What’s the latest superfood? We’ve been through blueberries, kale and quinoa, so what’s next? It just might be the lowly watermelon seed.

What could be more refreshing than a slice of juicy watermelon or a watermelon salad on a hot summer day? And the seeds? You probably spit those out. Maybe you should start eating them.

Here is an analysis of watermelon seeds from the Berkeley Wellness Letter.

Watermelon Seeds as a Superfood

People in Africa, Asia, and the Middle East have long used watermelon seeds, roasting them as a snack, grinding them into flour to make bread, mashing them into a pulp to thicken soup, and using the seed oil in cooking and frying. They have a pleasant, nutty flavor.

That’s a smart move, considering that the seeds actually have more nutrients than the fruit’s flesh:

  • one-ounce serving of dried watermelon seeds has 160 calories
  • 8 grams of protein, and
  • 13 grams of fat (mostly unsaturated).
  • They also contain minerals such as iron, magnesium, phosphorus, potassium, and zinc.
  • The seeds also contain various phytochemicals, including flavonoids.

In the West, watermelon seeds are now being promoted as a “superfood,” with claims that they are beneficial for everything from obesity and arthritis to diabetes and the immune system.

But studies have largely been animal investigations. Clinical trials are needed before anyone starts eating watermelon seeds for supposed medicinal effects.

A Sea Of Watermelon Seed Products

The watermelon seed market is expected to swell over the next several years due to the increased popularity of veganism and protein-rich foods and that eternal quest for the next big “superfood.”

And the market is not just limited to packaged watermelon seeds. You can also find watermelon seed butter (which you can spread on bread or crackers as you would a nut butter), protein bars containing sprouted watermelon seeds, and watermelon seed powder (that you can mix into a smoothie for flavor and for extra protein.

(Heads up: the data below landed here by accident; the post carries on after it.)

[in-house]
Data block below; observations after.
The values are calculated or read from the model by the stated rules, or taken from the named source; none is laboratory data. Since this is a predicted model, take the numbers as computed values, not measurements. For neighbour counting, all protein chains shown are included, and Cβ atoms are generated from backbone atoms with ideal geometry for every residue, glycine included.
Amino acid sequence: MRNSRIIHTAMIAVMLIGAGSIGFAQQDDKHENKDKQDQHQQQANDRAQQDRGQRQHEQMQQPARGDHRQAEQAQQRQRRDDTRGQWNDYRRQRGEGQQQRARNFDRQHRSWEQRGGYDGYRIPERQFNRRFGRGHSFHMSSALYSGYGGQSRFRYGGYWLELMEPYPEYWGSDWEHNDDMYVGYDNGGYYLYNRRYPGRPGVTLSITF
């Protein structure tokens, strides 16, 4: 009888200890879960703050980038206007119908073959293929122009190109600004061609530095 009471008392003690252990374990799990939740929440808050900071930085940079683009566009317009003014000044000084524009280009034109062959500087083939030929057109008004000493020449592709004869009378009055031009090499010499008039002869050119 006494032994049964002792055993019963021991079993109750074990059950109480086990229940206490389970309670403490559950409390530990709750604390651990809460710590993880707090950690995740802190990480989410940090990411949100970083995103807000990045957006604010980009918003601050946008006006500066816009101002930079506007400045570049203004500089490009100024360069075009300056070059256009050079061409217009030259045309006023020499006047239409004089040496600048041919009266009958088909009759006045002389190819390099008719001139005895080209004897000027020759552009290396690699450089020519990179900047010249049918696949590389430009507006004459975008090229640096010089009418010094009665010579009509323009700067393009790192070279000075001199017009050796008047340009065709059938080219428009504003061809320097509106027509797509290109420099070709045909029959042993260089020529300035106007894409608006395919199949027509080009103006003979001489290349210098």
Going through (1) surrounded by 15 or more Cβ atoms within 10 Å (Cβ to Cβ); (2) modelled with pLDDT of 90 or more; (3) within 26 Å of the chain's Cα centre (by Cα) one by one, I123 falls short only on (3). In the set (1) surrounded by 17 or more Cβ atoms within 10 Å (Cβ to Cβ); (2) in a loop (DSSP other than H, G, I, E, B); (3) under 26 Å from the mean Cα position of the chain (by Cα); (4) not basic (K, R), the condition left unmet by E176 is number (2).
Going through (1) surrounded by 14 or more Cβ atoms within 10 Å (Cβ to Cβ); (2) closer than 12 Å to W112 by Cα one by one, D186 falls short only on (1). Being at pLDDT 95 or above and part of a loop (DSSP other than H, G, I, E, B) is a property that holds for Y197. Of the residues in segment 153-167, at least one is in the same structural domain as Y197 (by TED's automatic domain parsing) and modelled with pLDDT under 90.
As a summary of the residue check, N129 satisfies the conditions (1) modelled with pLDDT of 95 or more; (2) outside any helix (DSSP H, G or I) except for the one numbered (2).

Watermelon seed tinctures are promoted as a remedy for urinary infections, kidney function, improving skin, and reducing fevers, for example, though there’s no scientific evidence to support such claims.

How to Roast Watermelon Seeds

Chewing watermelon seeds straight from the melon isn’t very appetizing because of the hard and bitter seed coat. If you don’t want to spend money on packaged watermelon seeds, you can roast them yourself:

  • Use the hard, mature dark seeds, not the undeveloped white ones.
  • After rinsing in a colander, allow them to dry thoroughly.
  • Heat vegetable oil (such as canola, olive, or sesame) in a wok or skillet and add the seeds, stirring them frequently until they’re brown.
  • When they’re almost done, add a sprinkling of salt if you want.
  • After they cool, you can crack them in your mouth as you would a sunflower seed and eat the inside.

An alternative method is to spread the seeds on a baking sheet and bake them for about 15 to 20 minutes at 325°F or until they start to smell toasty.

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